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The Cloisters


2 Hours

Estimated Time

The Cloisters is a museum in Fort Tryon Park in Upper Manhattan, New York City specializing in European medieval architecture, sculpture and decorative arts, with a focus on the Romanesque and Gothic periods. Governed by the Metropolitan Museum of Art, it contains a large collection of medieval art-works set in architectural centerpieces sourced from French monasteries and abbeys. The buildings largely comprise four cloisters—the Cuxa, Saint-Guilhem, Bonnefont and Trie cloisters— and a number of reconstructed Gothic chapels and halls. They were dismantled in Europe between 1934 and 1939, and rebuilt at the four-acre site in Washington Heights, New York, during a large-scale and complex project based on the acquisitions of the American sculptor and art dealer George Grey Barnard, and implemented by the architect Charles Collens, and funded by the financier and philanthropist John D. Rockefeller Jr. The building is constructed on a steep hill and comprises upper and lower levels. They contain early medieval gardens and series of indoor chapels and thematic display spaces, including the Romanesque, Fuentidueña, Unicorn, Spanish and Gothic rooms. It holds approximately five thousand medieval works of art and architecture from Europe, mostly dating to the 12th to 15th centuries—that is, from the Byzantine to the early Renaissance periods. The varied objects include stone and wood sculptures, tapestries, illuminated manuscripts and panel paintings, of which the best known include the c. 1422 Mérode Altarpiece attributed to Robert Campin and the c. 1495–1505 Flemish The Hunt of the Unicorn tapestries. The museum's early collection was built by Barnard. It was acquired by Rockefeller, who in 1931 purchased the site at Washington Heights as a permanent home for the works. The design, layout and ambiance of the building is intended to evoke a sense of medieval European monastic life. On its opening, the museum was described as a "collection [which] is shown informally in a picturesque setting, which stimulates imagination and creates a receptive mood for enjoyment."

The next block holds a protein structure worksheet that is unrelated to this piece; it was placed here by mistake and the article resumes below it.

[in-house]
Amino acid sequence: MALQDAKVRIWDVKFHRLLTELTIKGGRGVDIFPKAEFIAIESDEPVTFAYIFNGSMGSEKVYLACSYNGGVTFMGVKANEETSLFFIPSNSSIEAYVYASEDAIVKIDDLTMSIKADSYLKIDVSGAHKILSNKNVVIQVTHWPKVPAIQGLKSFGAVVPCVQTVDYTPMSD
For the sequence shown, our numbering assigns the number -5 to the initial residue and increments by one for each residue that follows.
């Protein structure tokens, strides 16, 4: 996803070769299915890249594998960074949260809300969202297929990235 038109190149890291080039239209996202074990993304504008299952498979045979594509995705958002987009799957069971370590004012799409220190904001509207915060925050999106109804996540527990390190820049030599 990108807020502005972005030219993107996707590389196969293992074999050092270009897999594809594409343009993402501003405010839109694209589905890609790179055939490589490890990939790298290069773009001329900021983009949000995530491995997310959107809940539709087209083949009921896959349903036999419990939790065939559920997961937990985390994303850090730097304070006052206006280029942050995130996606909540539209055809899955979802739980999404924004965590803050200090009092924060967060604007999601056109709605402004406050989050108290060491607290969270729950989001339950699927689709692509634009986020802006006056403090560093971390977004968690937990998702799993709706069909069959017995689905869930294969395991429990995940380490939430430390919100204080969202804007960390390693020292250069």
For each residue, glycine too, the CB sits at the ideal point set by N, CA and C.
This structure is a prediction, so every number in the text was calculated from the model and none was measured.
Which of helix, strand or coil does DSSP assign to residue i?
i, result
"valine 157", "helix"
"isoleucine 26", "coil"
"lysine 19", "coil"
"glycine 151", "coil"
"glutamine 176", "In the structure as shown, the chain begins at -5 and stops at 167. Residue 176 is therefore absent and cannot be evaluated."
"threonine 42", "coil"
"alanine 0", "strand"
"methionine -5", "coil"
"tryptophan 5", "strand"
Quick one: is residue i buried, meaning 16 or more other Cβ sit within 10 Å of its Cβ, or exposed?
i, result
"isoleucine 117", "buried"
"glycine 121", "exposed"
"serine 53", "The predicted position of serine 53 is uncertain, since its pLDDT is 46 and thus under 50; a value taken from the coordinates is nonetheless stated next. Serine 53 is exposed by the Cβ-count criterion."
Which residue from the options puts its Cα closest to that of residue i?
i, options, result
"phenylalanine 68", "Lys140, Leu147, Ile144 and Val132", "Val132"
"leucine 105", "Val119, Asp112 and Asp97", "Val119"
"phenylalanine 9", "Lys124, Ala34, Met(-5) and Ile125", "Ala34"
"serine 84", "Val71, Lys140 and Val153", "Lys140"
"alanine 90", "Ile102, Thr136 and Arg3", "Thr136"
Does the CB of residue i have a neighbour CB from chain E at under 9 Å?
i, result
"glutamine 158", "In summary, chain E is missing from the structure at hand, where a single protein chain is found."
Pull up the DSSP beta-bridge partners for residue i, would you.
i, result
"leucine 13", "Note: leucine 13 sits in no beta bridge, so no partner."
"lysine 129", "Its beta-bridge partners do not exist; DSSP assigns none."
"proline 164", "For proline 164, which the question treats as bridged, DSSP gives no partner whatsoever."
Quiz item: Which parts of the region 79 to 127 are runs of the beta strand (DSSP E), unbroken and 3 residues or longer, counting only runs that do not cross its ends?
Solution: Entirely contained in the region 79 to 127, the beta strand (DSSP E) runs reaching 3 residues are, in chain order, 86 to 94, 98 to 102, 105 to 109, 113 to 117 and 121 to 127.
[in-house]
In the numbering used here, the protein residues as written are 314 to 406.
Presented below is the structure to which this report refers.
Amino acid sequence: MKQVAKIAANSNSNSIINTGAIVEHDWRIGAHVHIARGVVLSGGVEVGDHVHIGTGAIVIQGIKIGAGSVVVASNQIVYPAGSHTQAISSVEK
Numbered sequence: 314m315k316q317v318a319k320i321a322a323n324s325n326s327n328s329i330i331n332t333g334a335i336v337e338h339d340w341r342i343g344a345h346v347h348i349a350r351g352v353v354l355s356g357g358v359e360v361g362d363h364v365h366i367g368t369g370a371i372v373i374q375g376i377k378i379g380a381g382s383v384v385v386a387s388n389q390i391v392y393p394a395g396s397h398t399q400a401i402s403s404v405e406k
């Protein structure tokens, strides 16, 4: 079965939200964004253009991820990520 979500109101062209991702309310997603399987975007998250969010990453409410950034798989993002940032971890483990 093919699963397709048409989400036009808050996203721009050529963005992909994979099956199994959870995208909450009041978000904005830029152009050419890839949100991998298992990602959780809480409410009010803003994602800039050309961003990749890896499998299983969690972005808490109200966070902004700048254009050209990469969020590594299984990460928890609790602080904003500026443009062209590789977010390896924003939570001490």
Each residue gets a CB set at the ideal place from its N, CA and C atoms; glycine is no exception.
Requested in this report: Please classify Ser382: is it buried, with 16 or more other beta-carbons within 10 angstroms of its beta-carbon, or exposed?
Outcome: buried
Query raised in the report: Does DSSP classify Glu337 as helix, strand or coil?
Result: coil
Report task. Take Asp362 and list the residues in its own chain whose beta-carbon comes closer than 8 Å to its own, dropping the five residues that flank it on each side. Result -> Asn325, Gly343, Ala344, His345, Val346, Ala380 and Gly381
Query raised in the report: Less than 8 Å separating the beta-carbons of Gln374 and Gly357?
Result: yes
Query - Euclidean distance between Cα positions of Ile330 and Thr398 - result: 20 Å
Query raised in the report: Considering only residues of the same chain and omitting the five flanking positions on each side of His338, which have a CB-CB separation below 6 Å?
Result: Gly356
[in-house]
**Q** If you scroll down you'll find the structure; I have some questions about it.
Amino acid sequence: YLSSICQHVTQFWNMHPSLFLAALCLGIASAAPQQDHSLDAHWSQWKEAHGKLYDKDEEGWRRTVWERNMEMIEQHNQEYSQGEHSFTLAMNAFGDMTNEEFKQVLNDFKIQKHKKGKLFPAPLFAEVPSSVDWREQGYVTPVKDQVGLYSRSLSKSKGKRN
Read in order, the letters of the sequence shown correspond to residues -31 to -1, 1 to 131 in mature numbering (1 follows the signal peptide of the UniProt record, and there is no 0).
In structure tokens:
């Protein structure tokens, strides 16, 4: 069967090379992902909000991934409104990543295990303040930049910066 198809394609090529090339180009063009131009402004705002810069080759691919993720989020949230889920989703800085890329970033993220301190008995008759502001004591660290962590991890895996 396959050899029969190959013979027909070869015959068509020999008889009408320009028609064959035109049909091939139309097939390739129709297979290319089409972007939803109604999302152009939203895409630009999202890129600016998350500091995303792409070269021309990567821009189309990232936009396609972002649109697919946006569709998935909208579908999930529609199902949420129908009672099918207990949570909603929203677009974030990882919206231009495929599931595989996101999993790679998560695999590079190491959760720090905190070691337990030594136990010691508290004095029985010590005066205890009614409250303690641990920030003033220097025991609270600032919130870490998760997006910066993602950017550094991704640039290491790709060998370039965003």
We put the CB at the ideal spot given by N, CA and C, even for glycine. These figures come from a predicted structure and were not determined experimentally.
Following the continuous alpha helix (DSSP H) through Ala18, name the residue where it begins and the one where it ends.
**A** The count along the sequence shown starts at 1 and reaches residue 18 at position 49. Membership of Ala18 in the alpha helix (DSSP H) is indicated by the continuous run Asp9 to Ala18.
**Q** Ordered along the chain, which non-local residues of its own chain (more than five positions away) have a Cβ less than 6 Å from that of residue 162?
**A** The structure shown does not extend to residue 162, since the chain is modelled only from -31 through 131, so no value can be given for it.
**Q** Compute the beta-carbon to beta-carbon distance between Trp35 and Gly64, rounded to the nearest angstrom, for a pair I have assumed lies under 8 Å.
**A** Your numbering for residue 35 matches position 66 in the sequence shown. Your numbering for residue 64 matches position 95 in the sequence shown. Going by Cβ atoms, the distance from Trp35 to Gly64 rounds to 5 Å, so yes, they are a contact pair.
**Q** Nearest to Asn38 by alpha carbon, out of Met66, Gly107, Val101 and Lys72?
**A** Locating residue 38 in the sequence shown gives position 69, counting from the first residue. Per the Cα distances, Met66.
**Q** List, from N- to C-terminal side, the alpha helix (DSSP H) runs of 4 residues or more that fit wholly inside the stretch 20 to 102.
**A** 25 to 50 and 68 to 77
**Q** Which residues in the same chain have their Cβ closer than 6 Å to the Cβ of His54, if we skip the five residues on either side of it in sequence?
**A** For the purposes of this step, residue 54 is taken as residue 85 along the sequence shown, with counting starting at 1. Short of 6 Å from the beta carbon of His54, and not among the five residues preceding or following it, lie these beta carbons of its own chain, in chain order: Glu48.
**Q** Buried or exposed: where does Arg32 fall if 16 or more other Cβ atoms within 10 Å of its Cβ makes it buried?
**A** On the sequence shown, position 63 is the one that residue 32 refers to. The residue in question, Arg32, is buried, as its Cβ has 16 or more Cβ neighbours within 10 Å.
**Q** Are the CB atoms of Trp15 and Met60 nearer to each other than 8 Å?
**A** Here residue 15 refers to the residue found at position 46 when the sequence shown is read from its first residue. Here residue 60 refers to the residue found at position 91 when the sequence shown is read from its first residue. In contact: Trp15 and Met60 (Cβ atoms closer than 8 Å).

+1 212-923-3700

Opening hours

  • Sunday 10:00 - 16:45
  • Monday 10:00 - 16:45
  • Tuesday 10:00 - 16:45
  • Wednesday 10:00 - 16:45
  • Thursday 10:00 - 16:45
  • Friday 10:00 - 16:45
  • Saturday 10:00 - 16:45
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